Mary Annette Pember
Indian Country Today
GREEN BAY, Wis. — A man who shot and killed two people and wounded a third at a northeastern Wisconsin tribal casino restaurant before police killed him had been fired from the eatery and banned from the property, authorities said Monday.
Brown County Sheriff's Lt. Kevin Pawlak said investigators believe the gunman was seeking a specific person he was angry at.
“He was targeting a specific victim who was not there, but he decided to still shoot some of the victim's friends or co-workers, it appears,” Pawlak said.
Brown County Sheriff Todd Delain identified the victims and gunman during a press conference Monday. The victims are Ian Simpson, 32, Jacob Bartel, 35. Daniel Mulligan, 35 was wounded and is in critical condition at a hospital in Milwaukee.
The gunman was Bruce K. Pofahl, 62, of Brown County.
He shot Simpson and Bartel at a waiter station at close range with a 9 mm handgun as dozens of patrons looked on, the sheriff said during the news conference. Pofahl then went outside and shot Mulligan, another restaurant employee.
The sheriff defended the officers’ decision to fire on Pofahl, saying “certainly this individual was a threat.”
Pofahl was a former employee at the Duck Creek Bar Grill located inside the Radisson Hotel. The hotel is connected to a conference center and casino operated by the Oneida Nation on the western side of Green Bay, with the casino tweeting that an active shooter was on the scene.
According to Delain, Pofahl's employment was terminated earlier this year and he was barred from entering the property. At least one employee also had a restraining order against Pofahl but Delain did not provide details.
The attack happened around 7:30 p.m. Saturday. Pofahl entered the restaurant and walked immediately to the waiters station where he opened fire. There were about 50 patrons in the restaurant at the time of the shooting.
"That complex is a busy place; there were several hundred people in various locations," Delain said.
A wedding reception was taking place in the conference center at the time of the shooting. Many people barricaded themselves inside the building according to Delain.
Ernie Stevens Jr. chairman and spokesperson for the National Indian Gaming Association told Indian Country Today he and his wife were on their way to the restaurant in the Radisson Hotel when the shooting occurred.
"We had to get out of the way, police were coming from all directions," said Stevens, a citizen of the Oneida Nation.
Jawad Yatim, a witness, said he saw at least two people shot.
“I know for sure two, because it happened right next to us, literally right next to us,” Yatim said. “But he was shooting pretty aggressively in the building, so I wouldn't doubt him hitting other people.”
Yatim said the shooting began in a casino restaurant.
“We got the hell out of there, thank God we're OK, but obviously we wish the best for everybody who's been shot,” he said.
Attorney General Josh Kaul tweeted shortly before 10 p.m. that the scene was “contained. There is no longer a threat to the community.”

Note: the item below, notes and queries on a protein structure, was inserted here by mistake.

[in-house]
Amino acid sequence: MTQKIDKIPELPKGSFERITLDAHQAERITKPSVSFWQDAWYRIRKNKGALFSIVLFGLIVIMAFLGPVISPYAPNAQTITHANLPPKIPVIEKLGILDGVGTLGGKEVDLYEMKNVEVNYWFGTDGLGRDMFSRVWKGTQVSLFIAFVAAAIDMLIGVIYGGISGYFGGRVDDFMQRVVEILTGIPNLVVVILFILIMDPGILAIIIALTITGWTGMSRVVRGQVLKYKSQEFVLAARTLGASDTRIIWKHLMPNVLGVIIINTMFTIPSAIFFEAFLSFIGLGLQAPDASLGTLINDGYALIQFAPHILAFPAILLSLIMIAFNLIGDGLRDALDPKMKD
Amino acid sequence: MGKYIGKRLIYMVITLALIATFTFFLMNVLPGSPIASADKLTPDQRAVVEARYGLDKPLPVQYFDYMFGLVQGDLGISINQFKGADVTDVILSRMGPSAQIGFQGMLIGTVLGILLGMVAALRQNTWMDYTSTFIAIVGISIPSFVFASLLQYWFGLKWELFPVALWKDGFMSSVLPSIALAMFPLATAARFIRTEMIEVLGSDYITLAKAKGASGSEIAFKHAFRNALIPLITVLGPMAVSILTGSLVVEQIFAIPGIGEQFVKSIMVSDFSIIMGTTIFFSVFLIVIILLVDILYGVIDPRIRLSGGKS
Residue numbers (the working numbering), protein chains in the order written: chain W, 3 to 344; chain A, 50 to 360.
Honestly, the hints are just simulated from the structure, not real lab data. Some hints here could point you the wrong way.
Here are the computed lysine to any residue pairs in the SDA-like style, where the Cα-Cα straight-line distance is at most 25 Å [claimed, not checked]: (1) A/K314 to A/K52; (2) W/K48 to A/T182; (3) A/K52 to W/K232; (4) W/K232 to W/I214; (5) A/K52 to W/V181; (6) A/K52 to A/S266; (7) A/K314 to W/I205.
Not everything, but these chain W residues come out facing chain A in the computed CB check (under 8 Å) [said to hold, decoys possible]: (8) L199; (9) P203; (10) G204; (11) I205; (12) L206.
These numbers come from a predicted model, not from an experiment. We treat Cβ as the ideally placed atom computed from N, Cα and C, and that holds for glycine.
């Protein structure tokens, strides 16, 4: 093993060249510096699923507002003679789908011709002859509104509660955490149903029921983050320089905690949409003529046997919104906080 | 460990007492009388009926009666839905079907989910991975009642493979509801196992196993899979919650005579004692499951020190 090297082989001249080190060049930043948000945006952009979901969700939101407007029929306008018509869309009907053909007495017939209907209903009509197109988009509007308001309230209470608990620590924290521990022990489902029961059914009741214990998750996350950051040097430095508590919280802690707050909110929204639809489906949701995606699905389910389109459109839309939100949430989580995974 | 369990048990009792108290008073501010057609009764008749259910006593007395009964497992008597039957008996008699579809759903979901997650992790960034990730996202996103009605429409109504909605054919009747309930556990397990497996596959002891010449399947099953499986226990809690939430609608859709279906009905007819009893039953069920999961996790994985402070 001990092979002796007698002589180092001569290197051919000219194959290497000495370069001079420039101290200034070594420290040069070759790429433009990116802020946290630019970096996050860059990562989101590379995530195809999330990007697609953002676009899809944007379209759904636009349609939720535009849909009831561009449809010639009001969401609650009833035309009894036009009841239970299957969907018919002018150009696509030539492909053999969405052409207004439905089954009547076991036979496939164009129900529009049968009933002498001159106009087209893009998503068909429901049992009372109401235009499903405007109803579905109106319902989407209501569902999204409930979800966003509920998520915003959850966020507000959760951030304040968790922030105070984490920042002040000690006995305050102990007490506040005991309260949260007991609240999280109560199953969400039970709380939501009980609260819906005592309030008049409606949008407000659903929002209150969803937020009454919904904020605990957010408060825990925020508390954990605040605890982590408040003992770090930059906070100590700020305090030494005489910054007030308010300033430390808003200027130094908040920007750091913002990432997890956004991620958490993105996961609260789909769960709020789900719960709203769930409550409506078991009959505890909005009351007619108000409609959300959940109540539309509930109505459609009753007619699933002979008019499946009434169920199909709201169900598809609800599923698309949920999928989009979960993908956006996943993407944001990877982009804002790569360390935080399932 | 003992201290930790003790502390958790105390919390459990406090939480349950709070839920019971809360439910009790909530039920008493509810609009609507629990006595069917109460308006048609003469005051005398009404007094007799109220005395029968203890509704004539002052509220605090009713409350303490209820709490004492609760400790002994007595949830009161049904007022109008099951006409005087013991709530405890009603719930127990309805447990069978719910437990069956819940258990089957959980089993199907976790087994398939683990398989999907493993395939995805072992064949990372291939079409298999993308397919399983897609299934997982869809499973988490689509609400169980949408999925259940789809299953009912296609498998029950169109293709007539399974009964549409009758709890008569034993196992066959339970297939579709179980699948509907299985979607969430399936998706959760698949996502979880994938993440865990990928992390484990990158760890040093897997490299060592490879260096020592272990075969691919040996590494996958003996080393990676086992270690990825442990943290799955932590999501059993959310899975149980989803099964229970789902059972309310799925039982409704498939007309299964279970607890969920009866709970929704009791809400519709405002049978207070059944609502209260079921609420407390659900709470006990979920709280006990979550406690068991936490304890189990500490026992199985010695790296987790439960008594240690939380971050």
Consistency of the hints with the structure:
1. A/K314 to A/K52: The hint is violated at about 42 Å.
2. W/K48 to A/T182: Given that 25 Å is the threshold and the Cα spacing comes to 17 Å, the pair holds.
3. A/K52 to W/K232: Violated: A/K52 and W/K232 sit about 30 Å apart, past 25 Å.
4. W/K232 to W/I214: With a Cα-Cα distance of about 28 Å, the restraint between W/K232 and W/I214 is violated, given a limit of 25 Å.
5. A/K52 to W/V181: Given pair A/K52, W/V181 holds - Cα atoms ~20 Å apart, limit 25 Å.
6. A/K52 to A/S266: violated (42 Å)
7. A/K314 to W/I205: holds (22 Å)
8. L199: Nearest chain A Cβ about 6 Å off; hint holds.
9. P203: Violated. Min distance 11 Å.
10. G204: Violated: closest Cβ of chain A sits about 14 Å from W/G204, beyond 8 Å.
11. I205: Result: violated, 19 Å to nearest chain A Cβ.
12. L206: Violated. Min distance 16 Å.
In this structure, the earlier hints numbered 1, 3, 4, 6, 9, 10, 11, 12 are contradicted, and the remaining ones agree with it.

Gambler Max Westphal said he was standing outside after being evacuated for what he thought was a minor issue.
“All of a sudden we hear a massive flurry of gunshots — 20 to 30 gunshots for sure,” Westphal told WBAY-TV. “We took off running towards the highway ... There had to have been 50 cop cars that came by on the highway. It was honestly insane.”
Pawlak said authorities called for a “tactical alert” after receiving the report of an active shooter. That “brings every agency from around the area to the casino, to the Radisson,” he said of the large law enforcement presence.
"Oneida Nation police and law enforcement from surrounding municipalities municipalities immediately set up a perimeter and kept everybody safe," Stevens said.
"Our prayers go out to those families, employees and patrons who were affected by this trauma," he added.
Oneida Chairman Tehassi Hill told WLUK-TV on Sunday that he was in “disbelief" and called the shooting “scary.” He said the tribe prohibits firearms on its properties but that “(mass shootings are) kind of a regular thing in this country.”
The tribe issued a statement on May 2 that reads, "The Oneida Nation is deeply saddened and heartbroken by the tragic shooting. Our heartfelt condolences are extended to all the loved ones of the victims. Oneida is grateful for all condolences, support and encouraging messages we have received."
Gov. Tony Evers issued a statement late Saturday saying he was “devastated” to hear about the shooting.
“Our hearts, thoughts, and support go out to the Oneida Nation, the Ashwaubenon and Green Bay communities, and all those affected by this tragedy.”
The Oneida tribe’s reservation lies on the west side of the Green Bay area. The tribe is one of 11 that operate casinos in the state.
According to the Oneida Nation's Twitter account, the main casino and the Irene Moore Activity Center will be closed until further notice. Other casino locations open Sunday at 8 a.m.
Neither the victims nor the gunman were citizens of the Oneida Nation.
The Associated Press contributed to this story.